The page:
Here’s an image of the backyard described in this episode.
[00:00:27] Hello, it’s Kati. Welcome to episode #10. We’re sharing about how the design of a backyard can impact someone’s ability to attend a social gathering. This will help you understand how individual needs and the design of the environment result in either a good fit or a poor fit.
[00:00:44] It’s the little things that make a big difference.
[00:00:47] Attending a social gathering, like a neighborhood block party or a 4th of July barbecue, are events that a lot of people look forward to. I know I do! And it’s not unusual that events like these take place in a backyard setting. There, you can enjoy the fresh air, you can cook hot dogs and hamburgers on the grill and maybe even sit by a fire and roast marshmallows to make s’mores.
[00:01:09] These are actually some of my favorite things to do! However, there are some people out there who become very anxious in the days leading up to an event like this. Especially, if they have a disability that impacts the way they get around. I’m sure there are many different reasons why someone would become anxious, but most commonly it’s because they’re worried they might not be able to access the actual house or the bathroom or the backyard.
[00:01:35] So for a second, I want you to imagine that you use a wheelchair for mobility. Now, let’s imagine that you just received an invitation to your best friend’s baby shower. You’re so excited and you already have the perfect gift picked out for her. But then you read the address of where the baby shower is taking place and you realize it’s at her mother in law’s house, which you already know, does not accommodate your wheelchair.
[00:02:01] Your excitement turns to heartbreak. And then your mind starts racing with all of these questions. How am I going to get inside? If I do get inside, will I be able to use the bathroom or will I need to restrict my fluids that day so I don’t have to pee as often? And then you think, well, maybe I can just avoid the house all together and just roll around to the backyard through the fence gate. But then you think, what if it rains and their backyard is all muddy? I won’t be able to push my tires through that. All of the what-if’s start going through your mind and it causes incredible anxiety and panic and all you want to do is be able to go to your best friend’s baby shower.
[00:02:40] But now you have to make a tough decision… Figure out how to make this work or stay at home.
[00:02:45] This scenario probably happens more often than you think because homes in the United States are not designed with the disabled community in mind. It’s a hard realization, but that’s why our organization is so focused on designing homes that accommodate everyone. Backyards included!
[00:03:04] Over two dozen human impairments were considered when our team of student OTs and student designers created the renders for the exterior and backyard of our universally-designed home. You can see pictures of these at our website at universaldesign.org.
[00:03:20] First of all, all the entrances of this home are no step, meaning you don’t have to climb stairs to get inside and you don’t have to step over any thresholds, making it much safer and more functional for all people.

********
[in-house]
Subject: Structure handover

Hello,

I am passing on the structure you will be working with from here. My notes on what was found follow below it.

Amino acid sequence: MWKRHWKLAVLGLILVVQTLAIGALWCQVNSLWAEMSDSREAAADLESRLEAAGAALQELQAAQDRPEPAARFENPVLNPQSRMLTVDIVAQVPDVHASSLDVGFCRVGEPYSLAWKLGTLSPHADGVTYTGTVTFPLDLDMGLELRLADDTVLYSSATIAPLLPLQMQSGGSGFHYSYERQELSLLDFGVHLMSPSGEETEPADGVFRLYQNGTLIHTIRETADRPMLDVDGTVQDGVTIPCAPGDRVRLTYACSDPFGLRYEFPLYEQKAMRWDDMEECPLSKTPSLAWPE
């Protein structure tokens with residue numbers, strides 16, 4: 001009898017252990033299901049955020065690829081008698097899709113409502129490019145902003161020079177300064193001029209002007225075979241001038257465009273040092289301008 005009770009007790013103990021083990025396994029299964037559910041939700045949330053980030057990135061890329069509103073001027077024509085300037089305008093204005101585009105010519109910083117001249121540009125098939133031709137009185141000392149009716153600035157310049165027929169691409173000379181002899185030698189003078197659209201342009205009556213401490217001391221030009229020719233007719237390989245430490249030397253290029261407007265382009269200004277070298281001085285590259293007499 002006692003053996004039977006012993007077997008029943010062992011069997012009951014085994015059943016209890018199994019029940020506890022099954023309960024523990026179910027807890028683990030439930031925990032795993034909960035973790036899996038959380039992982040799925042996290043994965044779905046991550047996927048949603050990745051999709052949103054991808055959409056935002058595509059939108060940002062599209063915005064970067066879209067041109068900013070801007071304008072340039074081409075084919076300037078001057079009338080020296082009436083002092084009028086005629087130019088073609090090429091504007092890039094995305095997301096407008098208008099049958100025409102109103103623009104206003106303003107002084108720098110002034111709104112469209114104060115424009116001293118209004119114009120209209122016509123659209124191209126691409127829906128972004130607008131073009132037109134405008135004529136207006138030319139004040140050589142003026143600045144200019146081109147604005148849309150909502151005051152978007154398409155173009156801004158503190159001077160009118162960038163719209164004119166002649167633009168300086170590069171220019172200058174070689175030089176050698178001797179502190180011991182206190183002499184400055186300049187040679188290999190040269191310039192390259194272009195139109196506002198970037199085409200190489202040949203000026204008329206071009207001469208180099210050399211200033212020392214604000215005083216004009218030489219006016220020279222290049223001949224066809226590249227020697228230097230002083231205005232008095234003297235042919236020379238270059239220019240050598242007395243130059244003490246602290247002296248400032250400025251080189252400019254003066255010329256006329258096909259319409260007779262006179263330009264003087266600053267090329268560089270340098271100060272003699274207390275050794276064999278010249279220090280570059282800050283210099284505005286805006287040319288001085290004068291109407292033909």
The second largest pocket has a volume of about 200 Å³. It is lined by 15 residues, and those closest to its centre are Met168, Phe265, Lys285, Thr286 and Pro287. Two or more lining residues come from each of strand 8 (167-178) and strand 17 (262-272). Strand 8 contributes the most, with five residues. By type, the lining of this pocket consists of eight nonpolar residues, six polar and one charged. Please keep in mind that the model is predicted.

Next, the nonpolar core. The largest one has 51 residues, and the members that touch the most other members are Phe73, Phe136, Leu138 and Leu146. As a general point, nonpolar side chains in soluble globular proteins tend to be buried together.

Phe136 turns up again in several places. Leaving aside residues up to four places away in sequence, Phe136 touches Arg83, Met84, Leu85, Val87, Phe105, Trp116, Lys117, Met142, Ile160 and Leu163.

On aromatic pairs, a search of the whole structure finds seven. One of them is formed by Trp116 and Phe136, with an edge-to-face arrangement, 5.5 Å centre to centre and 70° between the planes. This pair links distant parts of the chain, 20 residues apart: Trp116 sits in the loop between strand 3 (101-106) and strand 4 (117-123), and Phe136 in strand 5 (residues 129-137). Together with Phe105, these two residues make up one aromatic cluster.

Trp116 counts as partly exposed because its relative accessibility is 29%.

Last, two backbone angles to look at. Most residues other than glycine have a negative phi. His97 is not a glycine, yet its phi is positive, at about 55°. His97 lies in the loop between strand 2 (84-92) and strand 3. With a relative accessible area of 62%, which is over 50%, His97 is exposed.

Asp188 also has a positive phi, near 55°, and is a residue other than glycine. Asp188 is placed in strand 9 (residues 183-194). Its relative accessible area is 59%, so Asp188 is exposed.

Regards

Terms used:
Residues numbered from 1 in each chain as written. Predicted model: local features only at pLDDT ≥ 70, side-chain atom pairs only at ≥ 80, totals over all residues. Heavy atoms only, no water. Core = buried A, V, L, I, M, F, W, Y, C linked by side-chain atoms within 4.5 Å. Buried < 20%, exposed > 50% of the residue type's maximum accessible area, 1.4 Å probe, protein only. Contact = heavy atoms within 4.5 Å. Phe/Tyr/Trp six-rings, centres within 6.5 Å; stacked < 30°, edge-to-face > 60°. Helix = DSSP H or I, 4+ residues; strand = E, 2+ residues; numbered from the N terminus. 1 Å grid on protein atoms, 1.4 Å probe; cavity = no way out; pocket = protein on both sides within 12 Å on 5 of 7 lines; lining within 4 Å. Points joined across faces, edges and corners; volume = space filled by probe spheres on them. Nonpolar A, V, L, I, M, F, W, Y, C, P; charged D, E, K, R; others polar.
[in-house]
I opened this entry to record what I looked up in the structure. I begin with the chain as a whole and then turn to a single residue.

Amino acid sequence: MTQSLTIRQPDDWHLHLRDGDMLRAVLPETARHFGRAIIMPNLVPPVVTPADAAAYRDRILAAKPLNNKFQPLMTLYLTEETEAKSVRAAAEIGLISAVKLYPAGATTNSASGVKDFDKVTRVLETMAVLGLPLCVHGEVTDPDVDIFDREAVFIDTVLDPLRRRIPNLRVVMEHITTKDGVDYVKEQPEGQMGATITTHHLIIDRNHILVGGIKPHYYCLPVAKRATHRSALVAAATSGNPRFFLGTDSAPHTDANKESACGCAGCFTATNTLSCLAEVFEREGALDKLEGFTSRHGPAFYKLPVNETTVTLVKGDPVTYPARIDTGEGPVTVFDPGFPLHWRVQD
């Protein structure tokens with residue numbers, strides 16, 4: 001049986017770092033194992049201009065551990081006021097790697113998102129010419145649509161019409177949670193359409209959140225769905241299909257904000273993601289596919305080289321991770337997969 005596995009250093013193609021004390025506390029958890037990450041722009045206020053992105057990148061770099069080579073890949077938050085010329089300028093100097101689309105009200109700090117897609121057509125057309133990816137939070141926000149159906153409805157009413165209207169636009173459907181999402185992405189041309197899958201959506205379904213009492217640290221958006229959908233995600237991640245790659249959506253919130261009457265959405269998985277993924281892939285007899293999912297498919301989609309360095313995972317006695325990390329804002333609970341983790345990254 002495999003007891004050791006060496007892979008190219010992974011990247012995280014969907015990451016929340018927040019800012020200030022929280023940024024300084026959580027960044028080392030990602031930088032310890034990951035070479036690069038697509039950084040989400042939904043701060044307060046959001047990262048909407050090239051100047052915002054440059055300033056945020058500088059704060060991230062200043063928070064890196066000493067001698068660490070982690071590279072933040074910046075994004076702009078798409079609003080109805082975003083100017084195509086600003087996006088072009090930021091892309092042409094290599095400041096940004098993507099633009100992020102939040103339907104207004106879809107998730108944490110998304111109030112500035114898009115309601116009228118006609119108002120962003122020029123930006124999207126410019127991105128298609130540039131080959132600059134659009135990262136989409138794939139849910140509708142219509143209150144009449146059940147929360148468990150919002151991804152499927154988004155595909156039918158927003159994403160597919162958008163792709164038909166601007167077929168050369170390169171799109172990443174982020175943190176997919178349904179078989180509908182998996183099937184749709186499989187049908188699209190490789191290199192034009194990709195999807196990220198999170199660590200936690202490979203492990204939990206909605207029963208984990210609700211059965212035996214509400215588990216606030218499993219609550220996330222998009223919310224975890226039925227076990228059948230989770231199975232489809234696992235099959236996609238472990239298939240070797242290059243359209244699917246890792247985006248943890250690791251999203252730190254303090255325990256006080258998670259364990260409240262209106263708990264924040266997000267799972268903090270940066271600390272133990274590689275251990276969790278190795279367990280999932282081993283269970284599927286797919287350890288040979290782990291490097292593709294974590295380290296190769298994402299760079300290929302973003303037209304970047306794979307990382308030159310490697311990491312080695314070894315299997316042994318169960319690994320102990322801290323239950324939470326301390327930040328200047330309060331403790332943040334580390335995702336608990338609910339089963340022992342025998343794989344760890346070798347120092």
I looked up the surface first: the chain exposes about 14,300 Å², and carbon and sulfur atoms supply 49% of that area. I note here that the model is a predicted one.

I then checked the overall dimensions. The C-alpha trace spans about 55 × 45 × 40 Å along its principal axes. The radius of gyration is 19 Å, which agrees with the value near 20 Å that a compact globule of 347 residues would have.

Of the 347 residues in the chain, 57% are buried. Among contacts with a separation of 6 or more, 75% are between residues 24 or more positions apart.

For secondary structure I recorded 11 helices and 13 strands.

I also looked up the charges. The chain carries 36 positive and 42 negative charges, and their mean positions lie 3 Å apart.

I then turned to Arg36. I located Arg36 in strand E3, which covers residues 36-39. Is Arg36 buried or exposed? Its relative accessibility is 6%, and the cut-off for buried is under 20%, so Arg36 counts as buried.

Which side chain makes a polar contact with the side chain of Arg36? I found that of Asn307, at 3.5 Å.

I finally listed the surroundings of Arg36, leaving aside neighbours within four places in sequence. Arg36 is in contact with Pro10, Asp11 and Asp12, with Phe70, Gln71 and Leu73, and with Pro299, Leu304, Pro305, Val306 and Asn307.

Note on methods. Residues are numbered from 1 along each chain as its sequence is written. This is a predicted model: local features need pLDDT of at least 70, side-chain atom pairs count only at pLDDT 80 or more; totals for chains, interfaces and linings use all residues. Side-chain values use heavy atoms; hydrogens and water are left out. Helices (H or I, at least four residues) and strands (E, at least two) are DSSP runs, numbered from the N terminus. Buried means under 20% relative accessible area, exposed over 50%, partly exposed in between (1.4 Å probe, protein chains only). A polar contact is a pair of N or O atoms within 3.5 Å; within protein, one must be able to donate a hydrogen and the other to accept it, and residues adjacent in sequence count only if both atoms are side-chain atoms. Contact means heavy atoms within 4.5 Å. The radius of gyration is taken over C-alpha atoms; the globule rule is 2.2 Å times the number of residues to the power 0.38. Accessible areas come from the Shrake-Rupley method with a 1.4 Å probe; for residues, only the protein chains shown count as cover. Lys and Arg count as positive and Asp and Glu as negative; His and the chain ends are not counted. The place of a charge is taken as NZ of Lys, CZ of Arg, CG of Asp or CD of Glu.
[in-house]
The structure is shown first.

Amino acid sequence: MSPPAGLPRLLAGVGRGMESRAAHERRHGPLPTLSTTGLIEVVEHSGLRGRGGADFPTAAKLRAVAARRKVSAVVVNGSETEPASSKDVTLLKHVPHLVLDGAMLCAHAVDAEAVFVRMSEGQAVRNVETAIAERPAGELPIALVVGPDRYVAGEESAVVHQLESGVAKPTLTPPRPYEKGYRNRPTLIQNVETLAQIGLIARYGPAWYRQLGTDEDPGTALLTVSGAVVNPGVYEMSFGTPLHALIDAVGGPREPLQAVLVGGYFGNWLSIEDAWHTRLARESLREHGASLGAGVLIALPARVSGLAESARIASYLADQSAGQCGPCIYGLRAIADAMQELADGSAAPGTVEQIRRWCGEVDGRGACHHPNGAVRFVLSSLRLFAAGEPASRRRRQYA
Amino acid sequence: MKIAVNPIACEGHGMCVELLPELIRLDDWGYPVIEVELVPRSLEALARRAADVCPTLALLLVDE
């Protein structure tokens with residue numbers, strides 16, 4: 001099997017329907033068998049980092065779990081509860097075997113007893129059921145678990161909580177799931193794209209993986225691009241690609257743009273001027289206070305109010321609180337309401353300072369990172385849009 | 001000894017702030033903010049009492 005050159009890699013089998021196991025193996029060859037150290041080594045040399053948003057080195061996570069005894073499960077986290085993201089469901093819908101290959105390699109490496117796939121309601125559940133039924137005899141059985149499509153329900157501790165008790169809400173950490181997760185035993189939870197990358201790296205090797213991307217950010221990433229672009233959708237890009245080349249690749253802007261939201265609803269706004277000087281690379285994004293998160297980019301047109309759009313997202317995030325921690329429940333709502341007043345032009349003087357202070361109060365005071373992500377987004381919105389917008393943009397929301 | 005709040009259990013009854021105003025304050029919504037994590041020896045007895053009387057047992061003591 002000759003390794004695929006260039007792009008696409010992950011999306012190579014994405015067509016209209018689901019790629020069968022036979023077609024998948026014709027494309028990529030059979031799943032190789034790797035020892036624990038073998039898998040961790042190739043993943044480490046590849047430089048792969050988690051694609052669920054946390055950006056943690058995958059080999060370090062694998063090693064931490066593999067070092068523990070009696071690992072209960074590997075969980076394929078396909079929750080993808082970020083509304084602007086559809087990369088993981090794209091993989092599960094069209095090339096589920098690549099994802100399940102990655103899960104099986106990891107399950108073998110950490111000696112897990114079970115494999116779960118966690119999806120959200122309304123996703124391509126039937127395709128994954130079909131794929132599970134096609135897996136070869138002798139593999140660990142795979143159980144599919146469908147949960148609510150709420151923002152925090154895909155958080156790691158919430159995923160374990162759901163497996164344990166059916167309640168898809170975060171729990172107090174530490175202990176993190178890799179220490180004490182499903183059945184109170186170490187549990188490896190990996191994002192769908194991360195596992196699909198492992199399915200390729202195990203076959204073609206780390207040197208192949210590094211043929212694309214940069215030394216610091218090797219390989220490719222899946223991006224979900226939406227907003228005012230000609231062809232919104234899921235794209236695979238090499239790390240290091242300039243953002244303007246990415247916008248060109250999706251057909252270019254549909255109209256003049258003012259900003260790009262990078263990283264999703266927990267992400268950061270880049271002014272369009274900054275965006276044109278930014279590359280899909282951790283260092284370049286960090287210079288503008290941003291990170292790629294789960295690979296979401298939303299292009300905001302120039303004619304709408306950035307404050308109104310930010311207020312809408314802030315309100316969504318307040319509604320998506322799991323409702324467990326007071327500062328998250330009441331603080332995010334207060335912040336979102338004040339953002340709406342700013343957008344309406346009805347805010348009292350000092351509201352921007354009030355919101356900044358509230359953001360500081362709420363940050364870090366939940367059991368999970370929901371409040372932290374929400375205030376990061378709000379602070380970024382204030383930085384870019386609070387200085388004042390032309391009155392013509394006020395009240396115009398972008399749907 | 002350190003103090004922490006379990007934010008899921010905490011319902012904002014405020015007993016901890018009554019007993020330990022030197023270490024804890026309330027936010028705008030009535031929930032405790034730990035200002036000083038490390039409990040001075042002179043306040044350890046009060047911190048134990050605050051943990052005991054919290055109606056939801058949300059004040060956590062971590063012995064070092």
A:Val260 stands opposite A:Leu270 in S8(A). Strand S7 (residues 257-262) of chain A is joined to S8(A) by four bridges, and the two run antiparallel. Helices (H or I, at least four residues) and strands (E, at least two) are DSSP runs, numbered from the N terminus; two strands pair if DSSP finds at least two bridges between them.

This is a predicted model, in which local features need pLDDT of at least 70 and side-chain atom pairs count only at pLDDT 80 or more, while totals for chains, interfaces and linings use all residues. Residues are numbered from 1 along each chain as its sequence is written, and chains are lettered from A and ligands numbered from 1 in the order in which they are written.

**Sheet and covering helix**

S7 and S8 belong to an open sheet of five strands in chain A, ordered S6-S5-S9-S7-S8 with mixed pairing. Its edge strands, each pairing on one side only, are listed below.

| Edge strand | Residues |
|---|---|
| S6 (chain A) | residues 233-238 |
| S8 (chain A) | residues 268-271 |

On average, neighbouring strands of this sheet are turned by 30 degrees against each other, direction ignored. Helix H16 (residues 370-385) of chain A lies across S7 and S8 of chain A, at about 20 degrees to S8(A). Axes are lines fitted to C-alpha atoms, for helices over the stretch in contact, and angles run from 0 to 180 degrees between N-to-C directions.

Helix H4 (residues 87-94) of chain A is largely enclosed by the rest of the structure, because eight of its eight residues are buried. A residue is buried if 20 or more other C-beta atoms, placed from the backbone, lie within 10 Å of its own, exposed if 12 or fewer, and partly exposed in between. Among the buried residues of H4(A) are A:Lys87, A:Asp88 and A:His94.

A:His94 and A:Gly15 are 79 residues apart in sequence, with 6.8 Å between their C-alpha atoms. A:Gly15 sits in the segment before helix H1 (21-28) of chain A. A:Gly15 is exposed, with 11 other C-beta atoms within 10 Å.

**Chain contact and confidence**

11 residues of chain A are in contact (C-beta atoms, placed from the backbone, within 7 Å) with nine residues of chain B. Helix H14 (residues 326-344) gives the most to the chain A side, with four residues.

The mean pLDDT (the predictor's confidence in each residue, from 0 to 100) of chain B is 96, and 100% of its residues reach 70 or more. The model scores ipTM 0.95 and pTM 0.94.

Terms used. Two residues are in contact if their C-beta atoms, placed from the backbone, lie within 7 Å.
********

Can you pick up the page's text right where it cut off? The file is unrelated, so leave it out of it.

[00:03:33] Also there is a full bathroom on the main floor that is large enough to accommodate a wheelchair, which means it’s accessible to a wide variety of people, and no one would need to restrict their fluid prior to visiting the house. Huge plus, right?
[00:03:50] These two features alone can have a huge impact on someone’s ability to attend a social gathering or, in our scenario, a baby shower. It also eases their anxiety, allowing for healthier emotions and it increases their opportunities for social participation, which is a pretty big deal.
[00:04:08] We’ve even considered how the backyard should be designed to allow for more visitability and usability. We made sure to include a large paved patio, so homeowners and partygoers can have enough space to move around without having to step into the grass. The patio is made of a hardwood material or composite decking so that it’s a smooth and durable surface.
[00:04:31] A no-step entrance was also added so that when you are inside the home, you can access the patio with ease, especially if you use a wheelchair, walker, cane, forearm, crutches, or any other mobility device. The transition from indoors to outdoors is much easier with this universal design feature in place.
[00:04:51] There is also a large awning above the patio to protect from weather and harsh elements such as the heat from the sun. It provides shade and allows people a place to cool down, which is especially important for people who have spinal cord injuries and can’t regulate their body temperatures. A shady spot out of the sun can help them cool off and not overheat so that they can continue enjoying what’s happening outside without having to exclude themselves and go in.
[00:05:18] Another feature that is included in our render are raised garden beds that allow people to garden and grow vegetables without having to crouch down and get on their hands and knees. Sarah talks more about this in episode nine, so be sure to listen to that if you haven’t already.
[00:05:33] We also made sure to have a raised fire-pit so everyone can enjoy a warm bonfire on a cool fall evening or roast marshmallows with their friends and family.
[00:05:43] I hope this scenario has given you some insight on why it’s important to design not only the interior of homes but exteriors and backyards as well with universal design in mind.
[00:05:56] Making a home functional for everyone not only increases accessibility, but it decreases all of the anxiety and fear and heartbreak that people experience when they’re not able to attend an event solely because of the way a home is designed.
[00:06:10] Thanks for listening and be sure to tune in to future episodes. Bye!